So what happens after the Florida primary this Tuesday? If indeed we are all in for a long, drawn-out contest, then the next four contests over the next two weeks could turn out to be crucial — and could also contain more pitfalls for Mitt Romney.
As of this writing, the polling in Florida is a mixed bag — some surveys show Newt Gingrich taking the lead after his big landslide win in South Carolina, while others have Mitt Romney still holding on.
If Newt Gingrich were to win the primary, he would likely get a huge national bounce. But if Mitt Romney wins, he can reconsolidate his position as the frontrunner, and retake the campaign narrative.
But as TPM has previously noted about this stage of the calendar, he might need that momentum. Because as it turns out, the next four contests over the two weeks after Florida are all caucuses, which can often be dominated by activists who are more strongly conservative than even a typical Republican primary electorate. Furthermore, Romney would face significant embarrassment to lose even one of them — because he swept them all the last time he ran, in 2008.
In 2008, when John McCain was practically sweeping the primaries, pushing Romney out of the race after Super Tuesday, Romney had in fact built up a decent number of victories: Wyoming, Nevada, Michigan, Maine, Alaska, Colorado, Massachusetts, Minnesota, Montana, North Dakota and Utah.
But on close examination, there is a clear theme. Of those 11 contests, eight were caucuses.
The three primaries Romney did win were in states to which he had close personal ties: He was born and raised in Michigan, where his father was Governor in the 1960’s; He was governor of Massachusetts; and Utah is both home to the Church of Jesus Christ of Latter-Day Saints, and Romney had been the successful head of the 2002 Winter Olympics in Salt Lake City.
As for the caucuses, Romney had emerged as the main conservative alternative to the establishment frontrunner John McCain. But this time around, Newt Gingrich has emerged as the conservative alternative to the establishment frontrunner — Mitt Romney.
So with all that knowledge in hand, let’s take a look at what’s coming up:
February 4 — Nevada caucuses: Fortunately for Romney, this state is still probably a very good place for him, and it is also the very first contest after Florida. But unfortunately for him, they were originally supposed to be one of the contests in the first month (which was supposed to be February) — but after Florida jumped into January, and New Hampshire was threatening to go into December, the national GOP convinced the Nevada state party to go on February 4, right after Florida.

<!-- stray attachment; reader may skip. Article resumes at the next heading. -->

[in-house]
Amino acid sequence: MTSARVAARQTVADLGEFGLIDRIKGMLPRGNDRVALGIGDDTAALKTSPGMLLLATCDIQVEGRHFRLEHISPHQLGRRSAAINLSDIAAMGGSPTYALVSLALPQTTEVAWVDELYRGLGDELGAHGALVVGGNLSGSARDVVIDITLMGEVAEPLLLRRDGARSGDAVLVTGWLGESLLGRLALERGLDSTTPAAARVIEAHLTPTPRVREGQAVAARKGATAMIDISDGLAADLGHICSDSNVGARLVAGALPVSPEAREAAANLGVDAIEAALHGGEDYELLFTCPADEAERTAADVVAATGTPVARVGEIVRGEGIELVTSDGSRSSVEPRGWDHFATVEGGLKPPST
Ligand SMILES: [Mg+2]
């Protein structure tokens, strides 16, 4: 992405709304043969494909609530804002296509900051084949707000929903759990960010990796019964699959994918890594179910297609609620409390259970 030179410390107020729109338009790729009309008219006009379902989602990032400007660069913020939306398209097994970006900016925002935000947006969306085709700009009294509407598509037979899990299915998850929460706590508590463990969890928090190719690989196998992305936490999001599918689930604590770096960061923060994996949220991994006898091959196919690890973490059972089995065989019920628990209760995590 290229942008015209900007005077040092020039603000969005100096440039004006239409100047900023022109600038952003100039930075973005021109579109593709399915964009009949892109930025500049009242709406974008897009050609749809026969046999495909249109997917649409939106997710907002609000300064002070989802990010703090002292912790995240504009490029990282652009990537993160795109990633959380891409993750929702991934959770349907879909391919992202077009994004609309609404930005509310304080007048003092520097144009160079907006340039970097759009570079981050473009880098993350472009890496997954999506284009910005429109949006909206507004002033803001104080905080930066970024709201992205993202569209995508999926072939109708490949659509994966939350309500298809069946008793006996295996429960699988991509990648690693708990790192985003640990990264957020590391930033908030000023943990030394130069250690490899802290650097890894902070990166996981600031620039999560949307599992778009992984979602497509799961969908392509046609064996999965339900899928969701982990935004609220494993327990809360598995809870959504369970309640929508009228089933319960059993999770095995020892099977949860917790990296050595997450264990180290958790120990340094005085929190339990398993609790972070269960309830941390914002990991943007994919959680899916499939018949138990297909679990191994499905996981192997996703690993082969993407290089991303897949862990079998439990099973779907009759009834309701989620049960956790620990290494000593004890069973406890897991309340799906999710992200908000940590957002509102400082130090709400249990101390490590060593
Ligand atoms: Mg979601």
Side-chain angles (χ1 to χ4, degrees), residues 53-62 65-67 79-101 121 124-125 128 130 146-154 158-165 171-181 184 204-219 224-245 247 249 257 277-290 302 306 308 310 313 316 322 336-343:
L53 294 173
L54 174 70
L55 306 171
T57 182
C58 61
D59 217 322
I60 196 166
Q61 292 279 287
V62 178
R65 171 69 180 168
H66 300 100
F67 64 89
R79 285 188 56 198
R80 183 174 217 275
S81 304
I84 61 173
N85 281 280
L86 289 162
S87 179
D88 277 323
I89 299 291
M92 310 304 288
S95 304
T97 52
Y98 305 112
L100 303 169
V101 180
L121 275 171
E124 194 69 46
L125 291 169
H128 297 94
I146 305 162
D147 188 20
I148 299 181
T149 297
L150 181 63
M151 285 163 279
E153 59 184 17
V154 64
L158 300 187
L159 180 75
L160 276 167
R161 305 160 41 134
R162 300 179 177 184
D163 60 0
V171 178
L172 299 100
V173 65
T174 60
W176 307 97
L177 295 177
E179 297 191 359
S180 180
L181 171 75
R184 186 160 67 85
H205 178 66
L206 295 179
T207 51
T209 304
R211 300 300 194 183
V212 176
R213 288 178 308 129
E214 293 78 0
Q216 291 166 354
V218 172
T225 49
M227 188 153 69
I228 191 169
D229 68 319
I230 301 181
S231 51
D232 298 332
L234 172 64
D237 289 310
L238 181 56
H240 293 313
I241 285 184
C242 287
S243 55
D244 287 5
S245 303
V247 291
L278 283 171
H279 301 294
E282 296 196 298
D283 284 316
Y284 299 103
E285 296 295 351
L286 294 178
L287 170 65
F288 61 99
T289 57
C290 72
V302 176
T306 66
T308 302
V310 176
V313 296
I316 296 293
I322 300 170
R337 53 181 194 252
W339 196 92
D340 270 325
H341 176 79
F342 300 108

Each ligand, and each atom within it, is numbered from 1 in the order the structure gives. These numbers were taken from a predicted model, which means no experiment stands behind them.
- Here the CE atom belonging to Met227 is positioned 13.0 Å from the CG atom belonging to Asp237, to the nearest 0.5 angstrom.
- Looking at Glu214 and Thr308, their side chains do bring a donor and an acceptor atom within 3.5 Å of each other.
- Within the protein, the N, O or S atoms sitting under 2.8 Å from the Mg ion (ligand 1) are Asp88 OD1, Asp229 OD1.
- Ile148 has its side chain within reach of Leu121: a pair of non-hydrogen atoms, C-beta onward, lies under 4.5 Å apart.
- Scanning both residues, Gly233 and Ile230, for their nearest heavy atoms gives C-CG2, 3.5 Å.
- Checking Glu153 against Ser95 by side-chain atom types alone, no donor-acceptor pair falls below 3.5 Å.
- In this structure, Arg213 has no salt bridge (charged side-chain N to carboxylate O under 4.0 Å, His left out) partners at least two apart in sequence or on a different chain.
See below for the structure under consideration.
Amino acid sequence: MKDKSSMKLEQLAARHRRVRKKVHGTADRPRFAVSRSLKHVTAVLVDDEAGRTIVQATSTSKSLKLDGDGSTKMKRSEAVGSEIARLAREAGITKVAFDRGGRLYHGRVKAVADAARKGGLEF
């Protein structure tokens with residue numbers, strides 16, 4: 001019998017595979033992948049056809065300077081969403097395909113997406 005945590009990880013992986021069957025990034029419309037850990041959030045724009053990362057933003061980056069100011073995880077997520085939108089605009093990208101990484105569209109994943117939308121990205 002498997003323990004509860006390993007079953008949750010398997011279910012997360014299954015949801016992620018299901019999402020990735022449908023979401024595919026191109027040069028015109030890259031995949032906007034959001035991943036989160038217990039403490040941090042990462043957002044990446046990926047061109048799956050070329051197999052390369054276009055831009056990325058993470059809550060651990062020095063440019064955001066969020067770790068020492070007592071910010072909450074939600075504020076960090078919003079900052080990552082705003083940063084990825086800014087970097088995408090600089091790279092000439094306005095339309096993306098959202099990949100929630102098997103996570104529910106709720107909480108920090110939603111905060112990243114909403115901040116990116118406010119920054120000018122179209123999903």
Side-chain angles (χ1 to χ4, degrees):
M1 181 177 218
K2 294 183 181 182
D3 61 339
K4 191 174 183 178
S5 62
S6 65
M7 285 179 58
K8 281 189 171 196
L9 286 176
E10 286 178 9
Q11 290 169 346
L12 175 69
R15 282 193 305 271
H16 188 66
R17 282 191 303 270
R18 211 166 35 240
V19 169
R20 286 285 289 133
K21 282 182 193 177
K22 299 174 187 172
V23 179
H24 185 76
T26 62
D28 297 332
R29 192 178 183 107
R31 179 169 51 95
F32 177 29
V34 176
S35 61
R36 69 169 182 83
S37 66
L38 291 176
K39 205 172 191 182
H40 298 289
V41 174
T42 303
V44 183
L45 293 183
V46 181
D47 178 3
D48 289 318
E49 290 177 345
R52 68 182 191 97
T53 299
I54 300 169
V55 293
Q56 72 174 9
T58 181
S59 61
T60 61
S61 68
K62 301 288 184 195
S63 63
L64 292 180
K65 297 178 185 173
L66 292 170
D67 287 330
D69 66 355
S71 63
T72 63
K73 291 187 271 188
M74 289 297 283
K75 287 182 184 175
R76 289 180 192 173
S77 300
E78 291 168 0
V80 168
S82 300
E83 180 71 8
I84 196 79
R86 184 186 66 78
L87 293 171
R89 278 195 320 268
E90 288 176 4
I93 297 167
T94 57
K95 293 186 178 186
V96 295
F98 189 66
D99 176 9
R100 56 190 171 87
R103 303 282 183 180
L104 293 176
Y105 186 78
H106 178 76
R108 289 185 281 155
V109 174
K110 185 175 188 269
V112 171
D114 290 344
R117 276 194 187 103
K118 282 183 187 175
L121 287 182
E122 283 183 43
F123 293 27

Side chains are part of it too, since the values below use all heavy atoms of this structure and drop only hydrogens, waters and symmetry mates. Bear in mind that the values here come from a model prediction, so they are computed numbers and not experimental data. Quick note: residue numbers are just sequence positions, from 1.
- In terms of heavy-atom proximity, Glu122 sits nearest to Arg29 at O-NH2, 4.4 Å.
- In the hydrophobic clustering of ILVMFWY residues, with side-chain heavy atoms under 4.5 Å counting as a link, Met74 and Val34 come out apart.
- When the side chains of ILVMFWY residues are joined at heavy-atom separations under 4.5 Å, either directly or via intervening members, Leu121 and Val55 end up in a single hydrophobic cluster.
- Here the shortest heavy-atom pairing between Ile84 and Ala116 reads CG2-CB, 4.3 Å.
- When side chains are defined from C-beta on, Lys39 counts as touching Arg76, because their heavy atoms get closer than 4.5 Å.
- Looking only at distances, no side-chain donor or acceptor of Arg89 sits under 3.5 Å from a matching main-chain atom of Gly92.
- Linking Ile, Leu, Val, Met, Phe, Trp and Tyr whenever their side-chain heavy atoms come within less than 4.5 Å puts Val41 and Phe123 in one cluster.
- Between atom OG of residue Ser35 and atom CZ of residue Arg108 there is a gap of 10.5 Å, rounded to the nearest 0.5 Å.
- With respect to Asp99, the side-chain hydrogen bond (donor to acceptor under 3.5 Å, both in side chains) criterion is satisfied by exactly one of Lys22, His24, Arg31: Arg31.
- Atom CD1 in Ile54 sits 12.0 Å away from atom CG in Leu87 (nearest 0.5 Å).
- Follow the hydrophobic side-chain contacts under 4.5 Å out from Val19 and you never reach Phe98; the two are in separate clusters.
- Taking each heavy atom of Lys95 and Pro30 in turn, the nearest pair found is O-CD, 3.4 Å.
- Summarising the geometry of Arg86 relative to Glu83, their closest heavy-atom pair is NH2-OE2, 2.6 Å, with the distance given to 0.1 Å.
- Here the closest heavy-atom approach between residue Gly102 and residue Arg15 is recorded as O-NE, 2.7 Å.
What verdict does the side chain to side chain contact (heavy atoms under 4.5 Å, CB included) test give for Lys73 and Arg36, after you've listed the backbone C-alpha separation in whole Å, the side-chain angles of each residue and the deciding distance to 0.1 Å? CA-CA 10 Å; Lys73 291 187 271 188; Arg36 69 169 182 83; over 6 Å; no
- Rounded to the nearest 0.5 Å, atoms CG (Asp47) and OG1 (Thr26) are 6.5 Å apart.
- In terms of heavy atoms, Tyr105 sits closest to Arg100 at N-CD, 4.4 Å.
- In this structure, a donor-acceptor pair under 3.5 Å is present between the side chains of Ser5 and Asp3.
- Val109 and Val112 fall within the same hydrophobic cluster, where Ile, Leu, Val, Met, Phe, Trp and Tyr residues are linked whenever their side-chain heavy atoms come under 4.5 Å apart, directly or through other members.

Romney won the 2008 caucuses in a landslide: Romney 51%, Paul 14%, McCain 13%, Huckabee 8%, Thompson 8%, Giuliani 4%, Hunter 2%. One thing that helped him in racking up such a substantial margin was that a quarter of voters were Mormons, a group he took with 95% — but even without the Mormon vote, he still would have won the state caucuses anyway, with a decent-sized plurality of the non-Mormon vote.
The question then is whether Gingrich will be able to harness enough anti-Romney feeling among conservative activists to make a decent showing, or perhaps even pull off a win. And as it turns out, Gingrich’s big financial benefactor, Las Vegas casino owner Sheldon Adelson, may have already given Gingrich a leg-up: Getting the Clark County GOP to schedule a special caucus session later on Saturday night, for religious Jews who won’t caucus earlier during the Sabbath. And not only that, but the site is a school founded by Adelson, and named in honor of himself and his wife.
February 4 through February 11 — Maine caucuses, 24 delegates: Romney could do well here, owing to his status as a New England-based candidate. And notably, he easily won the 2008 caucuses, beating John McCain by a 52%-22% margin. The results will be announced the night of February 11.
On the other hand, one does have to wonder how much of Romney’s victory was also due to his being the anti-McCain option, and whether that same force could come back to bite him this time. Also, there has been a marked rise of Tea Party dominance in the state GOP, as noted by the election of Gov. Paul LePage.
February 7 — Minnesota and Colorado caucuses: Back on Super Tuesday in 2008, Romney won both of these states’ caucuses, as the option for conservatives who were against McCain.
But on Wednesday there arrived some bad news: A survey of Minnesota by Public Policy Polling (D) gave Gingrich a lead over Romney of 36%-18%.
There is no current poll of Colorado. However, a PPP survey from back in early December, during Gingrich’s previous rise and fall, gave him a 37%-18% lead.
If Romney were to lose both of these contests in one night, that would be a very bad night indeed.
Bonus: Also February 7 — Missouri primary, zero delegates: Because the state law kept this primary on February 7, corresponding with Super Tuesday of the last campaign cycle, state Republican leaders opted to instead go with a caucus on March 17, which would keep them in full compliance with this year’s official primary calendar.
It should also be noted that Newt Gingrich will not be on the ballot in the primary — though he said at the time that this was “not a mistake,” and he was avoiding “beauty contests.” Regardless of whether or not this was true on his part, the bottom line is that this primary won’t matter for delegate math — but of course, we can expect Romney to tout his all but certain victory as a sign of momentum, and to cast light on Gingrich’s disorganization compared to himself.